Score Big on Eye Safety: Top Tips to Protect Your Kids In Sports

May 29, 2024 | Children's Eye Health

Have you ever wondered why Mason Cox wears a unique pair of goggles during Collingwood games? The truth is, he suffered a torn retina from a sports-related eye injury during a game against the Gold Coast Suns in 2019. In this blog, we will highlight sports that pose a high risk for eye injuries and recommend suitable eye protection for these activities.

The Importance of Eye Protection in Sports

According to research, the rate of sports-related eye injuries in children is roughly 3 in every 10,000. While the incidence is low, the severity of these injuries can be high. Research indicates that 30% of sports-related eye injuries have the potential to cause permanent eye damage and vision loss. Therefore, it is crucial to be aware of high-risk sports and provide adequate protection for your children.

High-Risk Sports

Sports involving small, high-speed projectiles, dense hard objects, or close physical contact carry the highest risk of causing eye injuries. Examples of high-risk sports include:

  • Cricket
  • Mountain Biking (high incidence of serious foreign body injury without eye protection)
  • Hockey
  • Fencing
  • Squash

Protection Recommendations:

  • Safety helmets with attached face guards should be worn for cricket, hockey (for goalie) and fencing. 
  • Sports goggles with polycarbonate lenses recognized by the Australian Standard are recommended for mountain biking, squash. paintball and air rifle.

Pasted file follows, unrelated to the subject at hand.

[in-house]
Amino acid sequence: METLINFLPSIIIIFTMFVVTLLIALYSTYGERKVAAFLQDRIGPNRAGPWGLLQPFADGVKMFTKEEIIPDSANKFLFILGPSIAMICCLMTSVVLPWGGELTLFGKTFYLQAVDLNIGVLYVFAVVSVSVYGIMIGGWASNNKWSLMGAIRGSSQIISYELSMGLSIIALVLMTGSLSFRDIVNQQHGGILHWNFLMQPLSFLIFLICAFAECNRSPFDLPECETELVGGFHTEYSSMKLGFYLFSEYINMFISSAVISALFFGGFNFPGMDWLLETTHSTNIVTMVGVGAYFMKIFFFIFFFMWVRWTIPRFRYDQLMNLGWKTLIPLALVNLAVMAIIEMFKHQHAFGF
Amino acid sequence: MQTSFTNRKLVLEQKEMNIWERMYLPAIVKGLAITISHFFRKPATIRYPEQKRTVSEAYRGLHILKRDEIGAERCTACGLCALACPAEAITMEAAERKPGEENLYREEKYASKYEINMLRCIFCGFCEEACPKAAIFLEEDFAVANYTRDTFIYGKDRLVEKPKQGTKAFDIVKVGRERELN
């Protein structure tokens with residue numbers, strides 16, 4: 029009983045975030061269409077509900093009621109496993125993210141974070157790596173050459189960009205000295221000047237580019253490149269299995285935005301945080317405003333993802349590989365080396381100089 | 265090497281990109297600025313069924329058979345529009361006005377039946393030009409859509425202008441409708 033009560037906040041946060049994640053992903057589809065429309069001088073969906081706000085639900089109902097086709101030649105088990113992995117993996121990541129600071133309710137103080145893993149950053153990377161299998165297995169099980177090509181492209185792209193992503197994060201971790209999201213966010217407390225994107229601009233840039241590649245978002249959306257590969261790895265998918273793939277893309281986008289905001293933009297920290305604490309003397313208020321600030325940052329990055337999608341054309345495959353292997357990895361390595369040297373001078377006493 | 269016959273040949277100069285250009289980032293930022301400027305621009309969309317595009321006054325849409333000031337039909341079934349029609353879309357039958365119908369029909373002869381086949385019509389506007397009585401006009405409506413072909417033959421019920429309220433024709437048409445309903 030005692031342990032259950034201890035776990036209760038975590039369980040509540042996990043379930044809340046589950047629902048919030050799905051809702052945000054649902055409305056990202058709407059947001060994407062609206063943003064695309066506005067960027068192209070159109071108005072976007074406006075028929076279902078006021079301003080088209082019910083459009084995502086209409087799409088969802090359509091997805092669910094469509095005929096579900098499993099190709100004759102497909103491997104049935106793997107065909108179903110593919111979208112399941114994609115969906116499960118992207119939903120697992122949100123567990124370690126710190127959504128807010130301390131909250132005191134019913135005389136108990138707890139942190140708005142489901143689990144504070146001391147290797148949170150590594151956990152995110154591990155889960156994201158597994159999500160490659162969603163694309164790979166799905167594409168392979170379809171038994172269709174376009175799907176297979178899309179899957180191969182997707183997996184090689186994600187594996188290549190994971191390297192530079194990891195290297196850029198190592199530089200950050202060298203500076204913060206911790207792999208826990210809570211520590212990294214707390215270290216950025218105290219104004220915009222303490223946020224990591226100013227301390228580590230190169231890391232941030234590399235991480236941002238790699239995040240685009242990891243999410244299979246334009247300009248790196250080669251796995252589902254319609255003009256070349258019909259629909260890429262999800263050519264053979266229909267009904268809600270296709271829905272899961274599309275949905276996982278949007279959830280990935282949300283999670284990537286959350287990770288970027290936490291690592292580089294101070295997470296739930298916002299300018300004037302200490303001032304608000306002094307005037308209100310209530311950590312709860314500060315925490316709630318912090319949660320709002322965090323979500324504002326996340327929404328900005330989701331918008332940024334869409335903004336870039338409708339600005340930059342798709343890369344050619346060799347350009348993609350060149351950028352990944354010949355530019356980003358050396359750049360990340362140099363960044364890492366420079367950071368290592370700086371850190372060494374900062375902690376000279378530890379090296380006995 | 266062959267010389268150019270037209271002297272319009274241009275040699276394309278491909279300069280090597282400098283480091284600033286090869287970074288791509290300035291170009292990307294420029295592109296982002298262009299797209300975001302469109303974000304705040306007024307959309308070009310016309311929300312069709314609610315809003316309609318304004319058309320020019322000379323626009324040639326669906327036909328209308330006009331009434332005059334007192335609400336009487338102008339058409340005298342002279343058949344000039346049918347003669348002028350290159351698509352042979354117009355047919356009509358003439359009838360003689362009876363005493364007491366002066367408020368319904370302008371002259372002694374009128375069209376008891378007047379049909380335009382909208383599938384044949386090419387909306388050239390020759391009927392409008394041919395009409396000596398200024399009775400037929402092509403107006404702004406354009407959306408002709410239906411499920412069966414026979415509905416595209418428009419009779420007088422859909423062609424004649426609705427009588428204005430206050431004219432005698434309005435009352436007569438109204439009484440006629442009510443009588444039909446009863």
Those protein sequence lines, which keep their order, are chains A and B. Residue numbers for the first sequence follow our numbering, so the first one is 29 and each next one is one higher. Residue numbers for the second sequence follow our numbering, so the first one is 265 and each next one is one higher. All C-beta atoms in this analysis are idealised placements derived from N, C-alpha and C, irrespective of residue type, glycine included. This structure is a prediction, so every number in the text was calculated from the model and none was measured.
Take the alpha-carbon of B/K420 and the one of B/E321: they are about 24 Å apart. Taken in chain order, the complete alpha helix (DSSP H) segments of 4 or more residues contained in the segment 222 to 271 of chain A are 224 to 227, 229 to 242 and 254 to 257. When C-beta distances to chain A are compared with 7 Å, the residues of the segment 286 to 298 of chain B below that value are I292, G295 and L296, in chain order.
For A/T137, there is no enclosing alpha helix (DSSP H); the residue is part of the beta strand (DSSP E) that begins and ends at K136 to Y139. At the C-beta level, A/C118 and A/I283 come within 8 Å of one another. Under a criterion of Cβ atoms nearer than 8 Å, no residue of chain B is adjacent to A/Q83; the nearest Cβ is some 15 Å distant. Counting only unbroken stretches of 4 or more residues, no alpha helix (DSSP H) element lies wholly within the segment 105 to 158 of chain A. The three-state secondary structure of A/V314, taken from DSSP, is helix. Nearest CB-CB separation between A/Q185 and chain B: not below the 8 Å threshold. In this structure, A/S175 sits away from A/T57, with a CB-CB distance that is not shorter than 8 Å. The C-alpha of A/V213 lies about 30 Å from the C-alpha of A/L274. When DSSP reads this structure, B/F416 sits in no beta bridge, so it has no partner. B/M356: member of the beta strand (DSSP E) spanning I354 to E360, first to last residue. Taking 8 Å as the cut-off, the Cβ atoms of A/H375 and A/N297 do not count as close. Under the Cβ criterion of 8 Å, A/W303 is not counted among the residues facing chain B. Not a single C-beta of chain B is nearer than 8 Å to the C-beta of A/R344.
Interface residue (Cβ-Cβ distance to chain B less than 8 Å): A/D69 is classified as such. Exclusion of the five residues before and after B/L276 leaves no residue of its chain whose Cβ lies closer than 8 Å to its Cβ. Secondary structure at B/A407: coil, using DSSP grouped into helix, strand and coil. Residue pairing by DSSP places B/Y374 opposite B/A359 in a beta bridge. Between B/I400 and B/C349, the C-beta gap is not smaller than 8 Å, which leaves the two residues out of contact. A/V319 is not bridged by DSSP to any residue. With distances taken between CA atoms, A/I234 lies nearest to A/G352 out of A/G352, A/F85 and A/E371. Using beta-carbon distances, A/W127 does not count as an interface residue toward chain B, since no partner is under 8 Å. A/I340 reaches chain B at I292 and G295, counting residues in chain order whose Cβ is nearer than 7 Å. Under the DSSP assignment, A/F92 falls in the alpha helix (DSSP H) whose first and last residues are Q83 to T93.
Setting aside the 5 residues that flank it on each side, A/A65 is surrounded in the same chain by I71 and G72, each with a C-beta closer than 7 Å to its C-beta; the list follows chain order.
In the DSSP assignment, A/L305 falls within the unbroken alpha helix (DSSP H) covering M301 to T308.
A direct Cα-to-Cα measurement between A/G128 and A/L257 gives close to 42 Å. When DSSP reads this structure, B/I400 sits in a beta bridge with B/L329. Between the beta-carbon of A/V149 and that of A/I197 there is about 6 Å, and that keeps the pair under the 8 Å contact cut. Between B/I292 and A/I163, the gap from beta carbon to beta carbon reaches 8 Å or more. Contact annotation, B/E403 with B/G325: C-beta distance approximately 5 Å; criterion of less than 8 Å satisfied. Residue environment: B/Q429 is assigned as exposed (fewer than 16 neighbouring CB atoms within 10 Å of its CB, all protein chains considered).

Moderate-Risk Sports

These sports involve high-speed balls or pucks, the use of bats or sticks, close aggressive physical contact, or a combination of these factors. Examples include:

  • Australian Rules Football (AFL)
  • Badminton
  • Tennis
  • Soccer
  • Volleyball
  • Basketball
  • Water Polo

Protection Recommendations:

  • Rules are often modified in junior games to ensure safety.
  • Incorporate safety training into routine practices to ensure all players follow safety rules.
  • Children at high risk for sports-related eye injuries (e.g., those with lazy eyes, existing eye conditions, or high prescriptions) should wear sports goggles that meet Australian standards or use protective equipment as advised by their optometrist or ophthalmologist.

Low-Risk Sports

These sports do not involve thrown or hit balls, bats or sticks, or close aggressive play. Examples include:

  • Diving
  • Gymnastics
  • Road biking
  • Skiing
  • Swimming

Protection Recommendations:

  • For water sports such as swimming, water skiing, diving, and surfing, children should wear swimming goggles made from polycarbonate material to protect their eyes from water. Presriptioned swimming goggles might be avaiable for your children depending on their glasses prescription.
  • For snow sports, protect children’s eyes from strong UV rays and glare reflected from the snow with goggles that have polarized UV protection coating, or with polarized sunglasses that wrap around the face.
  • For outdoor sports, prioritize sun protection by having children wear hats and polarized sunglasses to shield their eyes from UV damage.

Cost of Prescription Sports Goggles

There is a rumor that Mason Cox’s sports goggles cost between $3,000 to $4,000. Rest assured, sports goggles for your child will not cost that much. At Eye Collective, we can provide prescription sports goggles at a price similar to a pair of regular glasses.

If you have more questions about how to protect your children’s eyes while they play sports or want to know the best options for your child, book an appointment with one of our experienced optometrists. We can provide personalized advice to ensure your child’s eye safety in sports.